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Pianist Craig Taborn Comes Into His Own

Howard Reich is jazz critic at the Chicago Tribune, a Tribune company

* * * * CRAIG TABORN TRIO, “Light Made Lighter,” Thirsty Ear

In music, there’s nothing more exciting than hearing an artist making a breakthrough, which is precisely what pianist Taborn achieves on this profound trio recording. Although best known for his work with reedist James Carter and saxophonist-composer Tim Berne, Taborn comes into his own on every track of this disc, his sound galvanic and virtuosic at one moment, serene and deep into the keys the next. An original thinker by any measure, Taborn revels in unorthodox harmonies, unusual song structures and an extraordinarily fluid give-and-take with sidemen Gerald Cleaver on drums and Chris Lightcap on bass. On the strength of this recording, Taborn emerges as one of the most exciting pianists to lead a band since the ascent of Matthew Shipp.

* * * * SIMON SHAHEEN & QANTARA, “Blue Flame,” ARK21

Toward the end of his life, Dizzy Gillespie predicted that the future of jazz would be an amalgam of musical languages from around the world. It would be difficult to name an artist who epitomizes that approach more thoroughly or eloquently than the Palestinian bandleader Simon Shaheen, a virtuoso on the violin and the oud (a guitar-like instrument that’s played pervasively in the Middle East). In this stunning recording, Shaheen proves that American jazz improvisation, African percussion, Arabic scales and Latin American dance rhythms can merge seamlessly. The musical cross-pollination works because Shaheen offers meticulously conceived arrangements in which the oud, violin, saxophone, guitar and percussion all speak a glorious international musical language. At the same time, however, each track emphasizes distinct musical elements, from the Middle Eastern melody lines and phenomenal oud technique of the title track to the sensual juxtaposition of electric guitar, Western violin (beautifully played by Shaheen) and African percussion battery on “Waving Sands.” Although some Western ears might initially find the sound of Qantara lacking in dramatic climax, the mostly even-keel dynamics offer sonic pleasures of their own.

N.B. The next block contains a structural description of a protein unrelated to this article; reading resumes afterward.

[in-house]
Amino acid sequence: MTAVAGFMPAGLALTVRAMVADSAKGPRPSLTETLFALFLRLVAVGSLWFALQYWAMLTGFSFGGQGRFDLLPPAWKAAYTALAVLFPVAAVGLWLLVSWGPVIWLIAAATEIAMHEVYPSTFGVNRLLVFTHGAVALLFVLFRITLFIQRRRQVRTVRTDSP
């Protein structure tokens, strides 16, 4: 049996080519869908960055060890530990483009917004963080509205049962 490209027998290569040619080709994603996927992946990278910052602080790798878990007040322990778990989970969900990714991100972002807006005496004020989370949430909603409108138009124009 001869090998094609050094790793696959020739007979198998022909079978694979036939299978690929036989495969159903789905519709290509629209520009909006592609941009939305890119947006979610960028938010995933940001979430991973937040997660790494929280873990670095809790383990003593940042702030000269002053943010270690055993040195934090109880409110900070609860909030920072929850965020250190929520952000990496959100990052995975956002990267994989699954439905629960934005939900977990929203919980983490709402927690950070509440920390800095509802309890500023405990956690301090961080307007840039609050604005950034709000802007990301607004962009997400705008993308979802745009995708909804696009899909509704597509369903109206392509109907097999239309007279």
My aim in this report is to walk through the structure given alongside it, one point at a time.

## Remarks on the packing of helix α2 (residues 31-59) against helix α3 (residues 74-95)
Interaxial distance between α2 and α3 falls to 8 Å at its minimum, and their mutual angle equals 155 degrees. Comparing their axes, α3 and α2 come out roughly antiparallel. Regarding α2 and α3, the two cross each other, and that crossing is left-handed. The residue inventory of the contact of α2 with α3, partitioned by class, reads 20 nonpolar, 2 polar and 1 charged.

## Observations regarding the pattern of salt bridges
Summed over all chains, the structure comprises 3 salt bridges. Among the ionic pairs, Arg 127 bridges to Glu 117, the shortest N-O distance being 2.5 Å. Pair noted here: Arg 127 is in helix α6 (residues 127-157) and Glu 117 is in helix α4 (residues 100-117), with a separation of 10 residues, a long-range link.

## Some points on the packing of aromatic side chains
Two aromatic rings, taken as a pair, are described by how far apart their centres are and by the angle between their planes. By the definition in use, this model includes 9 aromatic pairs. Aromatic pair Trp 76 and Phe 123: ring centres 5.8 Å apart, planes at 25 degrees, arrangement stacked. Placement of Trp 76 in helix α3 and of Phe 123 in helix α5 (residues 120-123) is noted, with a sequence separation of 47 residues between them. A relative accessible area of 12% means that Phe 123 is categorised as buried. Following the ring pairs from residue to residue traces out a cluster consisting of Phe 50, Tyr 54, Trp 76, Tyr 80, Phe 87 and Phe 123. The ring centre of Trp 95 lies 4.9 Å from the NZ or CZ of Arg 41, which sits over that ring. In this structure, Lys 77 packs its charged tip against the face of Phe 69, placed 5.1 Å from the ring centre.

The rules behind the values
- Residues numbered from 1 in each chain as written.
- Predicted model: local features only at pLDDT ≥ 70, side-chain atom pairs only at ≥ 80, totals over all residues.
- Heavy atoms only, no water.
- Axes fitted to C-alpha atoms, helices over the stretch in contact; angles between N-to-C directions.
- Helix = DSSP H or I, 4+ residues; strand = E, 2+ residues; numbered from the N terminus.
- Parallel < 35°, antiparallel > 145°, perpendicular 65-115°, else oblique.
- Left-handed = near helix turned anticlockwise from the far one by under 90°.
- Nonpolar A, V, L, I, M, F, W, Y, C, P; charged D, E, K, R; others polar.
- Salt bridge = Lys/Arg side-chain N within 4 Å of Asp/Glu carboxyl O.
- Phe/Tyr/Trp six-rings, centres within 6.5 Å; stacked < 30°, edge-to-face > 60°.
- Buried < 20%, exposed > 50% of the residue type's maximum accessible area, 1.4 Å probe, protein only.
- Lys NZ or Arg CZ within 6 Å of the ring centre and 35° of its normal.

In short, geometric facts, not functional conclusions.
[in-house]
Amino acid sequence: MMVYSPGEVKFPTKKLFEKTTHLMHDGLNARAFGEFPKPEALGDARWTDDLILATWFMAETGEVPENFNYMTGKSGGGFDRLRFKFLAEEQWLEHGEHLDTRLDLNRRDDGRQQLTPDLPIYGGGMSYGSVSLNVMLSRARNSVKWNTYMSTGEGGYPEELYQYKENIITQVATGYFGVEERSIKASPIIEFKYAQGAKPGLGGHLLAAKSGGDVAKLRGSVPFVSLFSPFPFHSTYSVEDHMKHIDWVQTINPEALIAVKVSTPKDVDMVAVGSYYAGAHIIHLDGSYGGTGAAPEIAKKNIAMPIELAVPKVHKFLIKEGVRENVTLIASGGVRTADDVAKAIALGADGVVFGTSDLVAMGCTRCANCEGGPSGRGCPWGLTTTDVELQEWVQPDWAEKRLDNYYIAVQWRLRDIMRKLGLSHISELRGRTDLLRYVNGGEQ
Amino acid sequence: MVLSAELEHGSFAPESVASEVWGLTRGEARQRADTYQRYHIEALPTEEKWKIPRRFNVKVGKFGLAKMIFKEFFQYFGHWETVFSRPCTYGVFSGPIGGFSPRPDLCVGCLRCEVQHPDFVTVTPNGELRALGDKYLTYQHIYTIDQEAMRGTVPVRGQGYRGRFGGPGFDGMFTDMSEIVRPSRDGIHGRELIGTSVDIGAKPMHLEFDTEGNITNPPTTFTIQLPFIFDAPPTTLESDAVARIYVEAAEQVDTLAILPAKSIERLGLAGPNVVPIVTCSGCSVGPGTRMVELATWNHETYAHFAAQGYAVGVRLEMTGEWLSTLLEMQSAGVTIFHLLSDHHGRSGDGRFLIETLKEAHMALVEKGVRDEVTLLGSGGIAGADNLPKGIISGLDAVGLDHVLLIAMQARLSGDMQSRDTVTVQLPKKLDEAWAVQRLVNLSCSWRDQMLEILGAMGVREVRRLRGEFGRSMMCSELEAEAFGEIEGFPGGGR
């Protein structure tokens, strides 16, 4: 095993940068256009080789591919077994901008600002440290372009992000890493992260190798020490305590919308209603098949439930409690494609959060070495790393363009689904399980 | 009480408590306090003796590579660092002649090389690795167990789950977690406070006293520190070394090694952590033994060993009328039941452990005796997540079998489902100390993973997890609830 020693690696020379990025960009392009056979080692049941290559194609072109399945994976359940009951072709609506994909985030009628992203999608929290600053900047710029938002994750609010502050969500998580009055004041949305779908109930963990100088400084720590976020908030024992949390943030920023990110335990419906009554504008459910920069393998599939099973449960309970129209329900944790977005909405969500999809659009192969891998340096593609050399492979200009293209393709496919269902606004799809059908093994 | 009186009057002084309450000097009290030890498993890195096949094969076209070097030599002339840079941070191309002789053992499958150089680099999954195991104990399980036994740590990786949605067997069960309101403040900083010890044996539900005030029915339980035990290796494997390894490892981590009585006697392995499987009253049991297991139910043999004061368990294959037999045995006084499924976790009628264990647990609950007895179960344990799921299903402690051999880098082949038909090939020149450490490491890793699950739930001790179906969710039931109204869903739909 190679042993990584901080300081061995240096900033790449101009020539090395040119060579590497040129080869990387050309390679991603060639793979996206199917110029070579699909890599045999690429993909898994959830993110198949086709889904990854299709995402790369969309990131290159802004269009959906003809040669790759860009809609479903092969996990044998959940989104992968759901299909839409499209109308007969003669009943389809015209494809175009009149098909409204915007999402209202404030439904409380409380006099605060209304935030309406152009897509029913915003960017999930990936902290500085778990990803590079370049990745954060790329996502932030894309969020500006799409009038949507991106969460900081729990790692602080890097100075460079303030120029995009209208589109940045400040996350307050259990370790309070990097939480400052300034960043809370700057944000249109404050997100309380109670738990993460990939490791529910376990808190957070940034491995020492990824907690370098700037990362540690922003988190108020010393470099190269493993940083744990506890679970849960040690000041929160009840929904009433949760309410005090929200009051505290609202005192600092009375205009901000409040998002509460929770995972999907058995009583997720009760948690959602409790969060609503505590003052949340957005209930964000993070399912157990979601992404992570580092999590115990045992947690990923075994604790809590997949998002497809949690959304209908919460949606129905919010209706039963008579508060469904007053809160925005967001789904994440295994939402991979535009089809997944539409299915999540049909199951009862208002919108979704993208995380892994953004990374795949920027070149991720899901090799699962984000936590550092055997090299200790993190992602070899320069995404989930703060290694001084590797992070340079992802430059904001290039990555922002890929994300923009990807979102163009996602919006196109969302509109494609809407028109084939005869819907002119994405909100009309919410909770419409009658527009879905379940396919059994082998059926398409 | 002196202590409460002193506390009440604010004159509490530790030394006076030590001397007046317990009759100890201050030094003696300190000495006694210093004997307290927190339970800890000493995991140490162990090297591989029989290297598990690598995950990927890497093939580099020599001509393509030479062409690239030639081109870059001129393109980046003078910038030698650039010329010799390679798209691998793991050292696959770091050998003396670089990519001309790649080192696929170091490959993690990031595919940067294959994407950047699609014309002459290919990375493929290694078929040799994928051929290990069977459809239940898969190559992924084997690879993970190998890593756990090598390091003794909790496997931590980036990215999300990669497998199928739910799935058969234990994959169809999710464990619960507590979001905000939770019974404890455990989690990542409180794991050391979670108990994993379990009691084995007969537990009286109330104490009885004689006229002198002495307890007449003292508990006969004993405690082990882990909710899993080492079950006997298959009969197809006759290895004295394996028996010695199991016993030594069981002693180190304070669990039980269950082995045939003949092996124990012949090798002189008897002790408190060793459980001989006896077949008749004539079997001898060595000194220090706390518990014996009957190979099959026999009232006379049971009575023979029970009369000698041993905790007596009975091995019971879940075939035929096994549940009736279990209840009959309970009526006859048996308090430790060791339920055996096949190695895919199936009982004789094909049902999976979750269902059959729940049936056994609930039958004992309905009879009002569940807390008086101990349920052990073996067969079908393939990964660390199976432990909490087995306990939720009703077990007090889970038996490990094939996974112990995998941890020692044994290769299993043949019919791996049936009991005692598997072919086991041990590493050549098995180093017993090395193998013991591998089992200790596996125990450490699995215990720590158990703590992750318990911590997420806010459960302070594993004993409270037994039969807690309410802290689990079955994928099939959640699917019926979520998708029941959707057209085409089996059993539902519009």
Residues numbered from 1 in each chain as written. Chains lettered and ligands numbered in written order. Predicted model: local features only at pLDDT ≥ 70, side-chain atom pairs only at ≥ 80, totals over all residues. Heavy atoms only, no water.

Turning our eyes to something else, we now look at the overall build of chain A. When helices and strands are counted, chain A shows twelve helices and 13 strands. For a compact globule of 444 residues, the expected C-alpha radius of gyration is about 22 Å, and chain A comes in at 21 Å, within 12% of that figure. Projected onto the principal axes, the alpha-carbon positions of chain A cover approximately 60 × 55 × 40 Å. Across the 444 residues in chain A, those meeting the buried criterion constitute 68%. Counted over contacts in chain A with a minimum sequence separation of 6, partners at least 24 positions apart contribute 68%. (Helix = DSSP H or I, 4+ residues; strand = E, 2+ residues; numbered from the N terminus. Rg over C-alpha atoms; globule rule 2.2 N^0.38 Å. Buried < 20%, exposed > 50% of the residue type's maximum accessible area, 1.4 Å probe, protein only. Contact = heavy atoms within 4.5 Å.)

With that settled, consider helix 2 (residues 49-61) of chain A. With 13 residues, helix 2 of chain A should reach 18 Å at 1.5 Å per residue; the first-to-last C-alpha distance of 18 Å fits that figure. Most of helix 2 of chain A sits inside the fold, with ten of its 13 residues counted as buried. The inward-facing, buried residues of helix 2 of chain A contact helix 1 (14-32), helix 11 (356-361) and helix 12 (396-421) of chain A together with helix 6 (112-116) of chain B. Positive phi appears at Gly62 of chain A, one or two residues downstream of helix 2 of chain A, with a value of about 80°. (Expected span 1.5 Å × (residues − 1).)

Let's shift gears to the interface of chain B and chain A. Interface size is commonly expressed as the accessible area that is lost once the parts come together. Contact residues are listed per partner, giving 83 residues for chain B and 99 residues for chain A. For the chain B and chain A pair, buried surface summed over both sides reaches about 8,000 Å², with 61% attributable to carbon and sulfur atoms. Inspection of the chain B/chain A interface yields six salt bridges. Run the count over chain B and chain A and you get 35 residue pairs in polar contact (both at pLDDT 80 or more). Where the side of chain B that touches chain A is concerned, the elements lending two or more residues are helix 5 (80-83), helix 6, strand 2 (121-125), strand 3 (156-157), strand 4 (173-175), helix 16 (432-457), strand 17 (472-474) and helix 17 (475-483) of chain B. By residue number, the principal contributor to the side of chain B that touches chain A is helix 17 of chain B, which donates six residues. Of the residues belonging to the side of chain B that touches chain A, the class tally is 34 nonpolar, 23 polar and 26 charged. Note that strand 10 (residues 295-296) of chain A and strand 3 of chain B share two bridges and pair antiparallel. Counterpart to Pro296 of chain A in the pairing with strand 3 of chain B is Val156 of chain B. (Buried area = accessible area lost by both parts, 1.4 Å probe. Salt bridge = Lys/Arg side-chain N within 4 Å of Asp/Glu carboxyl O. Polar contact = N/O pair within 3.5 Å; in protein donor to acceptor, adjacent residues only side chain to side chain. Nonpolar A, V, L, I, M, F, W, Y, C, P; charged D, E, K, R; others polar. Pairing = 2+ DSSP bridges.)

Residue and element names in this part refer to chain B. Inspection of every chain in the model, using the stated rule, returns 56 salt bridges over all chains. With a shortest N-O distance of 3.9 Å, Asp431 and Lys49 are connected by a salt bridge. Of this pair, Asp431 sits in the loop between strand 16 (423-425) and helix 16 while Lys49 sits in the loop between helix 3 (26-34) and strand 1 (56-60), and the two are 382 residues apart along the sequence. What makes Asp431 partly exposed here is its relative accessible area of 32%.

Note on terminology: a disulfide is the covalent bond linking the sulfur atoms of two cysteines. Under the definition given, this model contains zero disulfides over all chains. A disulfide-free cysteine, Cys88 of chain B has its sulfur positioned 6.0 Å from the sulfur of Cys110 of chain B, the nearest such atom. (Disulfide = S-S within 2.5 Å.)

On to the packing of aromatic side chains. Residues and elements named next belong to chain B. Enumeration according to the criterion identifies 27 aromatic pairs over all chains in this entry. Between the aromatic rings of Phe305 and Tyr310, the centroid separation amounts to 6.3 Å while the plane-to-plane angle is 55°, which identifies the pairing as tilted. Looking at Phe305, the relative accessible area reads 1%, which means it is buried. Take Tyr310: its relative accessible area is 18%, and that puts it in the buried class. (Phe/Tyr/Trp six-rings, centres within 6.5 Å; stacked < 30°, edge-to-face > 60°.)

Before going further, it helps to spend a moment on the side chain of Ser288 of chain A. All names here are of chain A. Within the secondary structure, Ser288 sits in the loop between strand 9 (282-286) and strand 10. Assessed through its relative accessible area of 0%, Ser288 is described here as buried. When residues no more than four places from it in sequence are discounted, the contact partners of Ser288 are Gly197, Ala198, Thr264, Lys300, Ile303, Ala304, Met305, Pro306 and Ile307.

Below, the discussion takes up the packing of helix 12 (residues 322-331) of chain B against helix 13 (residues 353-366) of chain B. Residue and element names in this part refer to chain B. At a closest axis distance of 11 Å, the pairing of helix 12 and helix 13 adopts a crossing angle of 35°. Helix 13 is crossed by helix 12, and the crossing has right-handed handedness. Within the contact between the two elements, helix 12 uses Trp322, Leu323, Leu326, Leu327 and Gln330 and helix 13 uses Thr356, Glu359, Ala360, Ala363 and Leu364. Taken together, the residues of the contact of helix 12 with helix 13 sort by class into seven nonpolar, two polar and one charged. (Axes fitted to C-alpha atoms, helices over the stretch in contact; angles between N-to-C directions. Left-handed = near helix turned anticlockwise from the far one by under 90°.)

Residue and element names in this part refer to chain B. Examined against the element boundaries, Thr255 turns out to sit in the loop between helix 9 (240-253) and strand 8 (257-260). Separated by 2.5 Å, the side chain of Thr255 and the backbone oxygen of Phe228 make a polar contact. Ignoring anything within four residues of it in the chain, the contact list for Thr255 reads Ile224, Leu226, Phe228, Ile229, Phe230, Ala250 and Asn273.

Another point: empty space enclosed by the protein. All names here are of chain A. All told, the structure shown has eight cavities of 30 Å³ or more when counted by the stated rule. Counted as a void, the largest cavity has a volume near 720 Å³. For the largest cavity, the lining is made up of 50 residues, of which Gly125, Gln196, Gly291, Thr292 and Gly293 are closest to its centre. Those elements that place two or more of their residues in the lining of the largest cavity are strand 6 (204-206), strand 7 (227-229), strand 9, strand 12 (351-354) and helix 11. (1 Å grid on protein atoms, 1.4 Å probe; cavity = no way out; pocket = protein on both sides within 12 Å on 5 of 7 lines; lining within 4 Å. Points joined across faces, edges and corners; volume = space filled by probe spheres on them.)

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* * * GREGG BENDIAN’S INTERZONE, “Requiem for Jack Kirby,” Atavistic

Listeners with a taste for otherworldly sounds will savor the newest release from percussionist Bendian and his space-age, head-tripping ensemble that makes Sun Ra’s Arkestra seem tame. This is a quartet that savors odd juxtapositions: a lyrical bass solo accompanied by the relentless tintinnabulation of various percussion instruments, a passage of crashing dissonance and loopy sound effects followed by straight-ahead, mainstream swing. All of this has been assembled as an homage to Jack Kirby, the late comic-book illustrator whose gothic, sci-fi work is elegantly mirrored by Bendian’s free-form jazz improvisations. Although not for the faint of heart, “Requiem for Jack Kirby” affirms that there’s still plenty of experimental fervor in the best contemporary jazz.

* * * BOB BROOKMEYER, “Holiday,” Challenge Records

Bob Brookmeyer has been such an important force in jazz composition through the decades that he commands attention even when he’s not playing his primary instrument, the valve trombone. On this beguiling recording, for instance, Brookmeyer leads a trio from the piano (the album title is literal), and setting aside the trombone offers a fresh perspective on the man’s work. Granted, no one is going to call Brookmeyer a keyboard virtuoso, but that’s beside the point, for Brookmeyer focuses on deeper concerns: unusual harmony, unabashedly idiosyncratic melody and ingeniously crafted compositions. The unorthodox melodic leaps and pungent chords he brings to “The Man I Love” and the unrepentant dissonance with which he reinvents “I Should Care” are matched by the whimsy he expresses in his jazz waltz “Pastoral,” and the unconventional chord progressions that drive his “Summer Song.” The man simply cannot stop innovating, and the art of jazz is better for it.

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